In subsequent cases, the Second Circuit has adhered to the basic principle that it is improper for a prosecutor to compel a defendant to state that the law enforcement officers testifying against him or her are lying. The court has made clear, however, that each case must be analyzed to determine if the improper cross-examination was prejudicial. See United States v. Gaind, 31 F.3d 73, 77 (1994); United States v. Weiss, 930 F.2d 185, 195, cert. denied, 502 U.S. 842 (1991); United States v. Scanio, 900 F.2d 485, 492-93 (1990), overruled on other grounds, Ratzlaf v. United States, 510 U.S. 135, 136 n.1 (1994); see generally United States v. Williamson, 53 F.3d 1500, 1522-23 (10th Cir. 1995) (analyzing Second Circuitís application of Richter).

Three other circuits have expressly adopted the Richter principle. See United States v. Sanchez, 176 F.3d 1214, 1219 (9th Cir. 1999); United States v. Sullivan, 85 F.3d 743, 749-50 (1st Cir. 1996); United States v. Boyd, 54 F.3d 868, 871 (D.C. Cir. 1995). In Williamson, supra at 1523, the Tenth Circuit declined to decide whether to adopt the Richter principle, but remarked that it was "not particularly persuaded by the reasoning of the court in Richter." In United States v. Bryant, 770 F.2d 1283, 1291 (5th Cir. 1985), cert. denied, 475 U.S. 1030 (1986), the Court of Appeals held:

We cannot say that Bryant is prejudiced when he is given an opportunity to affirm that contradictory testimony is fallacious. The error, if any, is harmless. United States v. Cole, 41 F.3d 303, 309 (7th Cir. 1994), cert. denied, 516 U.S. 826 (1995), appears to have carved out an exception to the Richter principle. The court acknowledged that credibility of witnesses is the province of the jury, but held that it was not improper to ask the defendant if the witnesses against him had any motive to lie after he opened the door on direct examination by repeatedly raising "questions of the character and credibility of government witnesses."

In our view, the Richter principle, applied on a case-by-case basis, represents the weight of authority and is consistent with our jurisprudence. Applying that principle, we conclude that there was no plain error.

With respect to trial counselís questions whether appellantís three co-actors (Spencer, Lynk, and Gibson) were lying, we conclude that appellant was not prejudiced. Defense counsel announced in his opening statement that appellant was framed by Spencer and Lynk. He asserted that Gibson was a "spurned woman," implying that she was bent on revenge. Defense counsel adhered to this theme in closing arguments. For trial counsel to force appellant to acknowledge under oath what his counsel had already asserted was harmless error. See United States v. Cole, supra.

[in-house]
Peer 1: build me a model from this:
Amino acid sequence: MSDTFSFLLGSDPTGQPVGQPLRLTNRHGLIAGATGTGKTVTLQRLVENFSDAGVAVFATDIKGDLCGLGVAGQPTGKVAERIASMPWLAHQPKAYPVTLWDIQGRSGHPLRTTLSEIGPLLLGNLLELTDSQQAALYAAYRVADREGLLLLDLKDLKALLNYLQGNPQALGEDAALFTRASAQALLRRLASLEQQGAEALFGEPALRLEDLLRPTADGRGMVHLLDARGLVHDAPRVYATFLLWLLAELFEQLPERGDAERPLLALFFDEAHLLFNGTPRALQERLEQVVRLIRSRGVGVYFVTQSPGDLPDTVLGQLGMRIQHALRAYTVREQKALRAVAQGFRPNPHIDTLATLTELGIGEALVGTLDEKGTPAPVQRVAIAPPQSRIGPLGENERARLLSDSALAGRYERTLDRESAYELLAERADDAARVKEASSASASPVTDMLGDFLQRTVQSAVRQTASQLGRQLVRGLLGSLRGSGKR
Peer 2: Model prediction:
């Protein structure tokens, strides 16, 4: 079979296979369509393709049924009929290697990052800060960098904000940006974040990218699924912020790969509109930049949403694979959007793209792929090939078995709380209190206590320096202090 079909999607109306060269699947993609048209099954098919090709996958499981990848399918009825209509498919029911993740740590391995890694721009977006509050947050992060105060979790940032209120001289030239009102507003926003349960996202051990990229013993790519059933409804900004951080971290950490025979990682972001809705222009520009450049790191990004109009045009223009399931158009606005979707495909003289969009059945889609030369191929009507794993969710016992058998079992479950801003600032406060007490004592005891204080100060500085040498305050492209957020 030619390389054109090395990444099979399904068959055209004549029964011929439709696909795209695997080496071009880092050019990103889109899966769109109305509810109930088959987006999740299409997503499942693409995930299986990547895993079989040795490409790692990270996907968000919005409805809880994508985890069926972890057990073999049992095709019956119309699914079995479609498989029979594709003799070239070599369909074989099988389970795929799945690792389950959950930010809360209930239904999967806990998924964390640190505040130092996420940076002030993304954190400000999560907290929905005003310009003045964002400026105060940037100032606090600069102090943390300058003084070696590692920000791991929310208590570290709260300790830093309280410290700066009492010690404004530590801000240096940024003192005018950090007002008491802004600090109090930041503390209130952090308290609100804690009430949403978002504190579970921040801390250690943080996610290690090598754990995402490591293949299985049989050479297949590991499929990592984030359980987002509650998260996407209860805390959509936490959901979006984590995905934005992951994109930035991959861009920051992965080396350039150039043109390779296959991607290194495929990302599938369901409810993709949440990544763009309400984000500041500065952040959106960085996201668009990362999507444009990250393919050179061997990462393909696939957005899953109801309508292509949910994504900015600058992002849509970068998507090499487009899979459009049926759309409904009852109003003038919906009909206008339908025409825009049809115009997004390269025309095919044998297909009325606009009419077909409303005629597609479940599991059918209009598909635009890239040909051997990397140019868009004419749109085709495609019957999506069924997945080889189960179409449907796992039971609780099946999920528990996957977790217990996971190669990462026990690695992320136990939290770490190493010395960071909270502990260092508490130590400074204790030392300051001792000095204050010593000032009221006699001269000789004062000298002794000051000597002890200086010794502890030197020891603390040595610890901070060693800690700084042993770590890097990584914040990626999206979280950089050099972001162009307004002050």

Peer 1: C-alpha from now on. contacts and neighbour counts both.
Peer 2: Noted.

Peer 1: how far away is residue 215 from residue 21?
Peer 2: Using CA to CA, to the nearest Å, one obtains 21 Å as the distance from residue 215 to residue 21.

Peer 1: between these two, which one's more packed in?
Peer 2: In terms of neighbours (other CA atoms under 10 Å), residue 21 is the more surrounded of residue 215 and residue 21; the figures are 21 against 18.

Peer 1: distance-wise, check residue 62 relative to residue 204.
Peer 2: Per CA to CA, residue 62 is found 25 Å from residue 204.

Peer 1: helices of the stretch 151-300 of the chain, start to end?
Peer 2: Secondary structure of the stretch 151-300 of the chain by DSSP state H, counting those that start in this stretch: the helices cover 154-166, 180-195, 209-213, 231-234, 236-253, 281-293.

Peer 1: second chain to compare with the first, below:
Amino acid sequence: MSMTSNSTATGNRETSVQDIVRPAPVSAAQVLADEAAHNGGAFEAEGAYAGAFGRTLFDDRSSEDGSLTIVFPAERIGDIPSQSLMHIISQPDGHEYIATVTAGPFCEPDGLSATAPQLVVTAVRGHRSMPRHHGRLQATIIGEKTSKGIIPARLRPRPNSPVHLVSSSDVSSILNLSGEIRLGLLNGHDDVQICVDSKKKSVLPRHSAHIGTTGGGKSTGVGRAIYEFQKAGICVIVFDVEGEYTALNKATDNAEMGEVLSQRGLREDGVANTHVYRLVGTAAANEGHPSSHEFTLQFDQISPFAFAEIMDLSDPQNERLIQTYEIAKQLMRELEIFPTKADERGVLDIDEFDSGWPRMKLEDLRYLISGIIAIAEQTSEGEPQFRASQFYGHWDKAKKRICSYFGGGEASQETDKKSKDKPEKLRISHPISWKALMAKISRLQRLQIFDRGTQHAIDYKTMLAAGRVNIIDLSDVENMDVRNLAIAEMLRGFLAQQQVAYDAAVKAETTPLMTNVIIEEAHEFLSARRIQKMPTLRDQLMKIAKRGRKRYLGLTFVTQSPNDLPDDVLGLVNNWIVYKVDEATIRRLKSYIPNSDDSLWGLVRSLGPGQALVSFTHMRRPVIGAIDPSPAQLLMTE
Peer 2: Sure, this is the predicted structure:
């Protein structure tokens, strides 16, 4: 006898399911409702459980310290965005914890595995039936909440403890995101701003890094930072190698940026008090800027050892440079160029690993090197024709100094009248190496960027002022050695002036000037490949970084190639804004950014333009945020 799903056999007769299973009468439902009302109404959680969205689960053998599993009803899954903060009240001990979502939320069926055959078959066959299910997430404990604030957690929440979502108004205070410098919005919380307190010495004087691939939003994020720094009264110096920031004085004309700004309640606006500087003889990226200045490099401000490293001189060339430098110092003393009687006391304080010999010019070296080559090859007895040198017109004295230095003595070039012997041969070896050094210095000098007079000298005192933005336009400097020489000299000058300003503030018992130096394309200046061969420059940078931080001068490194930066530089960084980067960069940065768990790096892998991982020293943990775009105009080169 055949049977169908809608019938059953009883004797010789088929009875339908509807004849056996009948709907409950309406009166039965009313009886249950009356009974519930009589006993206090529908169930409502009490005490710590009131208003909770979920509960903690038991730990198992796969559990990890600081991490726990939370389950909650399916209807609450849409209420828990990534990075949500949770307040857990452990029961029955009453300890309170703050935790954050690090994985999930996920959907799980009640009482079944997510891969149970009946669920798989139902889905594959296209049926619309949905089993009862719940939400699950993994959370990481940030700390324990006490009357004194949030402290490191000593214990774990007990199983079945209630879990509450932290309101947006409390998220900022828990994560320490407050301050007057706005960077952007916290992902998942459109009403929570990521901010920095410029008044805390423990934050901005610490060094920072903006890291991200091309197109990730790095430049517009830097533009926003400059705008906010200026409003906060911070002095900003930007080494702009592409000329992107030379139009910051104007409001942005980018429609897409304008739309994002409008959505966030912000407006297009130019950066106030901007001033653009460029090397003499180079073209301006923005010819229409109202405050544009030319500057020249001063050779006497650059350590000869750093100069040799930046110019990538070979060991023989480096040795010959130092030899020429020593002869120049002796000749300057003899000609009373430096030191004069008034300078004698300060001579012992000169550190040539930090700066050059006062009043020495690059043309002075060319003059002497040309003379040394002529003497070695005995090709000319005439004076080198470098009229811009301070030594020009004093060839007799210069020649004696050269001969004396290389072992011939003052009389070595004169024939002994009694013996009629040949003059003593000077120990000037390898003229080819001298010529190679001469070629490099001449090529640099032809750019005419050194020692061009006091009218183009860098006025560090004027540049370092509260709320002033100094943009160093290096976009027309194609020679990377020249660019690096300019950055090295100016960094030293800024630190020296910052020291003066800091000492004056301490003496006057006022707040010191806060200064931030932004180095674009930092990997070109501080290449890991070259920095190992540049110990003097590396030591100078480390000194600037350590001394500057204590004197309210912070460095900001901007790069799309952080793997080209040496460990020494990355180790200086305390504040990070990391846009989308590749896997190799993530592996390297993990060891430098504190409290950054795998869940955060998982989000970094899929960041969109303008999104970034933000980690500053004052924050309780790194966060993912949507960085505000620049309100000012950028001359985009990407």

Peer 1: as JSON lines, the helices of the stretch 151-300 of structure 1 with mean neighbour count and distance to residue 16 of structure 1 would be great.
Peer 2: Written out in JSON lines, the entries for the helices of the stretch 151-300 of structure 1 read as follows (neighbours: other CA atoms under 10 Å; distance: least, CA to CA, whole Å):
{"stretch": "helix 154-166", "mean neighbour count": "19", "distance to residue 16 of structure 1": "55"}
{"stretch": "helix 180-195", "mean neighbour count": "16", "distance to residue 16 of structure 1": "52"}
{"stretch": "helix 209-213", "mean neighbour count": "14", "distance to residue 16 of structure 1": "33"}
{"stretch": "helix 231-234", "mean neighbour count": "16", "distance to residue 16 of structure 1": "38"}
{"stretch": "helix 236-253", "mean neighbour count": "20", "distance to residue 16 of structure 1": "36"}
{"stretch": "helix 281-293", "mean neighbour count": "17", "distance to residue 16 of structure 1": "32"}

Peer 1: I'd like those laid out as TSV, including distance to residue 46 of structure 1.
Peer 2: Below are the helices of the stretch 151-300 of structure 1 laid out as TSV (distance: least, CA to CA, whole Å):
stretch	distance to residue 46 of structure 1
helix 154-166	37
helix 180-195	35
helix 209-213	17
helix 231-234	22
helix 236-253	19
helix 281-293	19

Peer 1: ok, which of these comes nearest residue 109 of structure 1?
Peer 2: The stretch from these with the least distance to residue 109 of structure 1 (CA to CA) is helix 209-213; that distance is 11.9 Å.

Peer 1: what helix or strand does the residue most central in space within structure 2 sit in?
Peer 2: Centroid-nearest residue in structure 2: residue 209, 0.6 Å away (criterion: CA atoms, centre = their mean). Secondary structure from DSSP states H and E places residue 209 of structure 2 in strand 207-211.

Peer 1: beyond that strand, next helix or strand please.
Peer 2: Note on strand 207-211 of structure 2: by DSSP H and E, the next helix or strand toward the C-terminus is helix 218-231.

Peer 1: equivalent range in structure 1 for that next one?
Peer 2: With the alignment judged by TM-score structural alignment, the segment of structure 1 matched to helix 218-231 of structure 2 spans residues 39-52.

With respect to the questions whether CWO Gorman was lying, appellant did not take the bait. He refused to call CWO Gorman a liar, insisting instead that CWO Gorman did not know who typed the shopping lists and that CWO Gorman changed the procedures. While the questions were improper, the answers were harmless.

Similarly, with respect to questions regarding appellantís fingerprints on the checks, appellant declined to call the witnesses against him liars, testifying that he did not know if he was authorized to handle the checks. Regarding the question whether appellant brought the entire trash can containing a missing check to the company offices, he declined to call Cpl Saenz-Ortega a liar. Instead, he simply insisted, "Maíam, there was a trash can involved in the situation."

Finally, even though appellant was induced to testify repeatedly that SA McKenzie was lying, we hold that the error was harmless. Appellant did not dispute that the agents found the envelope somewhere, and, consistent with his theory that he was framed, he speculated that it must have been placed in the vase at work. He also suggested that Ms. Gibson had the opportunity to plant the envelope in the vase when she transported his personal effects from his office to his residence.